Your Need for Approval Being an author or novelist is not the most traditional of careers. It is a deviation outside the normal path, one that some people around you will probably not understand or be receptive to. They will tell you that it is impractical or risky; and that they don’t want you to be disappointed. Resist putting your identity in someone else’s hands. Trust yourself. Trust the process. And take advantage of the fact this is the best time in human history to become a writer, because you don’t need a publisher to endorse you. You can self-publish and let you audience be the judge.
How to become an Author
Writing is an extremely diverse occupational field with multi-faceted career paths. For this reason, there is no single route to becoming an author, which is one of the major benefits of the profession.
Using their command of the common language of their audience, authors conceptualize, research, write, and edit manuscripts, poems, articles, and other types of written content. They work across genres, from nonfiction to poetry, fiction to satire. In the business environment, they work as journalists, web writers, copywriters, technical writers, blog and feature writers, and as editors. This spectrum of opportunities in the field means that authors and writers are broadly employed in different industries.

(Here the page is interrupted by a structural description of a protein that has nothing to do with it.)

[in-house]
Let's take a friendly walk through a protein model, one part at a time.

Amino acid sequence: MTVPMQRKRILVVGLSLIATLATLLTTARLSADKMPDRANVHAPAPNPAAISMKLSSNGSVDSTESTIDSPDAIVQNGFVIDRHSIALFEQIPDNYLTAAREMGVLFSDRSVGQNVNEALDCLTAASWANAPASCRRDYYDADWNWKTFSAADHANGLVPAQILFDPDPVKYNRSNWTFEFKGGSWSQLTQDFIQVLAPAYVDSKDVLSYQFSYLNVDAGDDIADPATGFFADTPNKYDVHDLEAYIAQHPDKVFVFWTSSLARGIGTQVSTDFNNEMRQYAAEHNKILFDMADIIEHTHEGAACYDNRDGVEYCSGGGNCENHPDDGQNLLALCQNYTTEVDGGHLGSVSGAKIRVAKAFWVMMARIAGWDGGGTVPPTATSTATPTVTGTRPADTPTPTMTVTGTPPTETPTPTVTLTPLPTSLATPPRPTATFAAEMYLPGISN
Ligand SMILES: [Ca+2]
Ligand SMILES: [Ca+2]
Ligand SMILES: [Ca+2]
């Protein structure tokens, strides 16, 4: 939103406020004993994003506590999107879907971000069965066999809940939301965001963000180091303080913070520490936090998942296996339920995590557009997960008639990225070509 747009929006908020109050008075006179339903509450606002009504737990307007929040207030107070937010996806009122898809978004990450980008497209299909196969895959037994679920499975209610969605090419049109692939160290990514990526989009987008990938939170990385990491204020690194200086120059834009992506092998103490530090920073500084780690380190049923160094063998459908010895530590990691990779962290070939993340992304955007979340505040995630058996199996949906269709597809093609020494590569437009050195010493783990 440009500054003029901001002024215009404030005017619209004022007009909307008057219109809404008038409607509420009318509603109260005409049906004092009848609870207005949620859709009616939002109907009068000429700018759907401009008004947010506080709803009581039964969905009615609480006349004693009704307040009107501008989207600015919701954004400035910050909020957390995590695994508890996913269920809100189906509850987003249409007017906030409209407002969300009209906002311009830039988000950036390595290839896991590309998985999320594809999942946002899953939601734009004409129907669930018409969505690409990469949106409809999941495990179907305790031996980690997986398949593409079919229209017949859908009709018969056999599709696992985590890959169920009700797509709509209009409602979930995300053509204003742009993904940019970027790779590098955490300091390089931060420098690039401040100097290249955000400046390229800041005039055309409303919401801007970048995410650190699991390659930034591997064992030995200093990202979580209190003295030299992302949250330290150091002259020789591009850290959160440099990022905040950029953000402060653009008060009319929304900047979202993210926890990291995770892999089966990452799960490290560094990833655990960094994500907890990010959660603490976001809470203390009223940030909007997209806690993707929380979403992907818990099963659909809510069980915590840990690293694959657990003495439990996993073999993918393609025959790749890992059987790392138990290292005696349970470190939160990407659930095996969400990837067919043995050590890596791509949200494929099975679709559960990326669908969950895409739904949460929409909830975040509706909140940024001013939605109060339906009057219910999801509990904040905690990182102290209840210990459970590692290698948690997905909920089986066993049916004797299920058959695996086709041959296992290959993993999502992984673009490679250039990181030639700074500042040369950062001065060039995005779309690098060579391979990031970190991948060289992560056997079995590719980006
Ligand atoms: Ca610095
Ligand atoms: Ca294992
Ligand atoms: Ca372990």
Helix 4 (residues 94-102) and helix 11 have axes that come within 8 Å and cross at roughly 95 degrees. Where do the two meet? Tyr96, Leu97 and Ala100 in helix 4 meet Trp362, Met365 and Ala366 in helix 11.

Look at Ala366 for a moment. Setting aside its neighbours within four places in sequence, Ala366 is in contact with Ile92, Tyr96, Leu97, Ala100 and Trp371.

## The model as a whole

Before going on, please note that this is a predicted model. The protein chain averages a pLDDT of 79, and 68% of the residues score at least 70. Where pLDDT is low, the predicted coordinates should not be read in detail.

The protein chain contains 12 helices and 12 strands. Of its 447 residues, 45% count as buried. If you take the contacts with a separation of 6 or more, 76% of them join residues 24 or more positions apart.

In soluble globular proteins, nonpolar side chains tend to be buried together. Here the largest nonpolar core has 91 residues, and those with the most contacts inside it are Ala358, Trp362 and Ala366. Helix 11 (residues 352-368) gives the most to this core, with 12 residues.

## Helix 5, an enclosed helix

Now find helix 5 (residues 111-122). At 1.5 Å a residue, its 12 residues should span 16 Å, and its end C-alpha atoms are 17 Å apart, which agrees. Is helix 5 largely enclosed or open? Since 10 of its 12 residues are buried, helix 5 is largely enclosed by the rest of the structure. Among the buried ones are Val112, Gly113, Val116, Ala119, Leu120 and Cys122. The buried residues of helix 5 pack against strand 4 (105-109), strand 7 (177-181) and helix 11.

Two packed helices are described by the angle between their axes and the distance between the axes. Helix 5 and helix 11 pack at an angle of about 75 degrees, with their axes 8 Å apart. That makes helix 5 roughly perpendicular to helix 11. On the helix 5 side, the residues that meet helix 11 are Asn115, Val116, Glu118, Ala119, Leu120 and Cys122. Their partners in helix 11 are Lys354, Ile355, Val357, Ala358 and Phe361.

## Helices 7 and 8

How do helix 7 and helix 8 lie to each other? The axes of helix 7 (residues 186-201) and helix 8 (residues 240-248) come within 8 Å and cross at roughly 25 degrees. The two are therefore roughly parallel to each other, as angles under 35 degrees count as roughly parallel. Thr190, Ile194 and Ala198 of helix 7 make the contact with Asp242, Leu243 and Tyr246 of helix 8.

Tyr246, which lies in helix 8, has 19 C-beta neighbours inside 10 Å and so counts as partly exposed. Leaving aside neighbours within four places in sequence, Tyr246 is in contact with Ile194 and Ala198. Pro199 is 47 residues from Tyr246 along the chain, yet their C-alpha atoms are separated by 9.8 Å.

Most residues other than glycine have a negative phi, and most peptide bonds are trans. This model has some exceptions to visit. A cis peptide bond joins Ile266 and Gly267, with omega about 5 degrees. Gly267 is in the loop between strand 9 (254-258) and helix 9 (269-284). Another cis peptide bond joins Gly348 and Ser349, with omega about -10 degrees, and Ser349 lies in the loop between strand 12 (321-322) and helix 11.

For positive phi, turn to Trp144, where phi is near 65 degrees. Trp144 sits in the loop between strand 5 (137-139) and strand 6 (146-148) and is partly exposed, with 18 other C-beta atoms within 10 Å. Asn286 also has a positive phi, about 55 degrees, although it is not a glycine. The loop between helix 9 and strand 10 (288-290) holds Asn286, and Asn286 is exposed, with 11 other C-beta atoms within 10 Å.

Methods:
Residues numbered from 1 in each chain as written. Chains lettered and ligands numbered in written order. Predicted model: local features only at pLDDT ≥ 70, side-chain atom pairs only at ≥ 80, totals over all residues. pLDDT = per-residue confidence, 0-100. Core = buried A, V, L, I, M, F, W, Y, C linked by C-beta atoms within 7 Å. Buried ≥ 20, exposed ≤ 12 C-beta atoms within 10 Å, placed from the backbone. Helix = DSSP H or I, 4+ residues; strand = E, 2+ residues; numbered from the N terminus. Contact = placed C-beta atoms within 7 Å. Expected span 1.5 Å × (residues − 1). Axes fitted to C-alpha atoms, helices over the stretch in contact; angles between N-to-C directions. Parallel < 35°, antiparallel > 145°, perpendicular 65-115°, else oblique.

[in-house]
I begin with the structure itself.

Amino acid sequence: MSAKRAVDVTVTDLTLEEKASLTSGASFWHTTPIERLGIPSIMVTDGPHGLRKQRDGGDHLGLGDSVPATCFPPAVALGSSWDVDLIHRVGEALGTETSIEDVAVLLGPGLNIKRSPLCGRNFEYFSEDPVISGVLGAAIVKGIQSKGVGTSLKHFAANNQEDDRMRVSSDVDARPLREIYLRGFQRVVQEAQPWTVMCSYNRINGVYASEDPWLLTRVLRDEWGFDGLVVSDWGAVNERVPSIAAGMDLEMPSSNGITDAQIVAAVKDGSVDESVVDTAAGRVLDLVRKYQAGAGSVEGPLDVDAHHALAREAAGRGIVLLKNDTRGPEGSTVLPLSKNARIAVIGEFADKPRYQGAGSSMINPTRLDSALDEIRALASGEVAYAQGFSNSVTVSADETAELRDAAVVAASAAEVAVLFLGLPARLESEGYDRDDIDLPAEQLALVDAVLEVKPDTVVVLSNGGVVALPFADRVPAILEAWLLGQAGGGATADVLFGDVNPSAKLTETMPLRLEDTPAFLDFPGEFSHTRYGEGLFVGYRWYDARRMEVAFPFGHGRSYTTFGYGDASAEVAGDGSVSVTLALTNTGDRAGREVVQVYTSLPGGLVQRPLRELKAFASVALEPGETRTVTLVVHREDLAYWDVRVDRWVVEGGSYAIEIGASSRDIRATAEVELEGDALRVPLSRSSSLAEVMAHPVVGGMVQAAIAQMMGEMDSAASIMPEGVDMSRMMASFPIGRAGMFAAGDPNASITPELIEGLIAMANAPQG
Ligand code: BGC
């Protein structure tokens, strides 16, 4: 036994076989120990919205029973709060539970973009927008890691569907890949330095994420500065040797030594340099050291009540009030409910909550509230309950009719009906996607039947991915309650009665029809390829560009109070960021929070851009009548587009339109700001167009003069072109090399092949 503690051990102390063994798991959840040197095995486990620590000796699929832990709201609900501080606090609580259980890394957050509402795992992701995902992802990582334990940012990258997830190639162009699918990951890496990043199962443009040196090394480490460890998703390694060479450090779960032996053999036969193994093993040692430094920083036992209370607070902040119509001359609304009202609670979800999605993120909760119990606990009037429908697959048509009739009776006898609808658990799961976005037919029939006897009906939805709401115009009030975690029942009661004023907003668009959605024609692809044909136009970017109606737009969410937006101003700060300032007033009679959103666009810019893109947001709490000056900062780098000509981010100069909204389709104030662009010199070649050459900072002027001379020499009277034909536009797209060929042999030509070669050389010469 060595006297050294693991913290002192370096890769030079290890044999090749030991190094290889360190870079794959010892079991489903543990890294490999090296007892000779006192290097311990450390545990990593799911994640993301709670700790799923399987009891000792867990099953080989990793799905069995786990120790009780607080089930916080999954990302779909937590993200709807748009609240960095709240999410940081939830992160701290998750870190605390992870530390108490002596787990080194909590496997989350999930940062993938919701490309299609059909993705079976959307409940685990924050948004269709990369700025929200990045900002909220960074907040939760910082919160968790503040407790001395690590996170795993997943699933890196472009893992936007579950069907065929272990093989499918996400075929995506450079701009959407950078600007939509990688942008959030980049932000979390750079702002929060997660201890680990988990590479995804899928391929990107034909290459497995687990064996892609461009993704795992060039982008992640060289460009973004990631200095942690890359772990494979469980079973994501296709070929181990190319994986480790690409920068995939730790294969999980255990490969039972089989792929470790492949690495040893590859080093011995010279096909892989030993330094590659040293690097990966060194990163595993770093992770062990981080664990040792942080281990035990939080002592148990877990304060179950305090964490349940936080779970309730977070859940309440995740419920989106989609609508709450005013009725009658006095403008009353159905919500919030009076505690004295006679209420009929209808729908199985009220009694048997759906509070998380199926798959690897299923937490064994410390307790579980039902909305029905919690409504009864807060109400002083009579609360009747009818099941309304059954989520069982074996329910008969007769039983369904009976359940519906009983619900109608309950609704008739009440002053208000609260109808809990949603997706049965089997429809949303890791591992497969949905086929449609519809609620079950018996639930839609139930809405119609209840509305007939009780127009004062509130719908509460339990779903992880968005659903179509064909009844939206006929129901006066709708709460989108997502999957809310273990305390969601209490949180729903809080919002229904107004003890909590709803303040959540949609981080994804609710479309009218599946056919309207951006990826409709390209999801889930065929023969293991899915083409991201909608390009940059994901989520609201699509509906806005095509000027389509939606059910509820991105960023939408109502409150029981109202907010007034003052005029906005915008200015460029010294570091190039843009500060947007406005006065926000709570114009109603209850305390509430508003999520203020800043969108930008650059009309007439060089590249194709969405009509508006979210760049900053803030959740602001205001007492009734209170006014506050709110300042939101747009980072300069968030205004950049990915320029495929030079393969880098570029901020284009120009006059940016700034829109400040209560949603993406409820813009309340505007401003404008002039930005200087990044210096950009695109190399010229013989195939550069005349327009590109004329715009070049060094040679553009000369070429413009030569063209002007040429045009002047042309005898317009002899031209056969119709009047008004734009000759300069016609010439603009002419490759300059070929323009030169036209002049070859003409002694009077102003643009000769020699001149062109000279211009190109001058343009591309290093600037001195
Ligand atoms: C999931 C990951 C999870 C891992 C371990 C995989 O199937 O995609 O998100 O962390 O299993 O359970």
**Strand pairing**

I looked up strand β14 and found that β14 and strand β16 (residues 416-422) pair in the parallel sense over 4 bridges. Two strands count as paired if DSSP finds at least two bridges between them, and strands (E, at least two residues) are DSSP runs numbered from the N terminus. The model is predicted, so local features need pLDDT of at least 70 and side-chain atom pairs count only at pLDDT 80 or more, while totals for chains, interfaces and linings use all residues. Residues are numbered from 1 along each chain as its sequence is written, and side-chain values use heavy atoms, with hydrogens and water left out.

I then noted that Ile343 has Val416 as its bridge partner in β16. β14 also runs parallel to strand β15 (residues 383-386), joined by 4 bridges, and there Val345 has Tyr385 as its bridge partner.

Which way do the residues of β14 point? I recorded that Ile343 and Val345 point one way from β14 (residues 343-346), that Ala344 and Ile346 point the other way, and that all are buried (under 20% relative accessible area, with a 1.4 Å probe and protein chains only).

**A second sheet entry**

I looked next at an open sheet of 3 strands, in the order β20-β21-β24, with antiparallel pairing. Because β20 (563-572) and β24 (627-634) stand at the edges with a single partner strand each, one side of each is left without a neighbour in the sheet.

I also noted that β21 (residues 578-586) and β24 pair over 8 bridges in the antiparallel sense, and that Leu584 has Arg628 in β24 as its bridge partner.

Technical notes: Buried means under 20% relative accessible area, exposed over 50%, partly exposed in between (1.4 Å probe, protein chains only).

This is a unique occupation, as the majority of authors are self-employed – approximately two-thirds – according to the U.S. Bureau of Labor Statistics.
Along with superior writing skills, authors must have advanced research skills, as they are often called upon to conduct exhaustive research, to parse data and find the story within that data. In terms of education, there are two types of writing training: formal and informal. Formal training includes completing a degree program at the undergraduate or graduate level. Many authors and professional writers choose either an Associate’s or Bachelor’s Degree in English with an emphasis in writing, creative writing, business writing, technical writing, or science writing. Others may pursue a degree in journalism or communications. Writers who wish to work and be published in a specific industry or technical/business sector may also complete studies or supplemental degrees in those areas. The informal aspect of learning to be an author is obvious. Beyond completing a traditional degree program, writers need to write and develop a portfolio.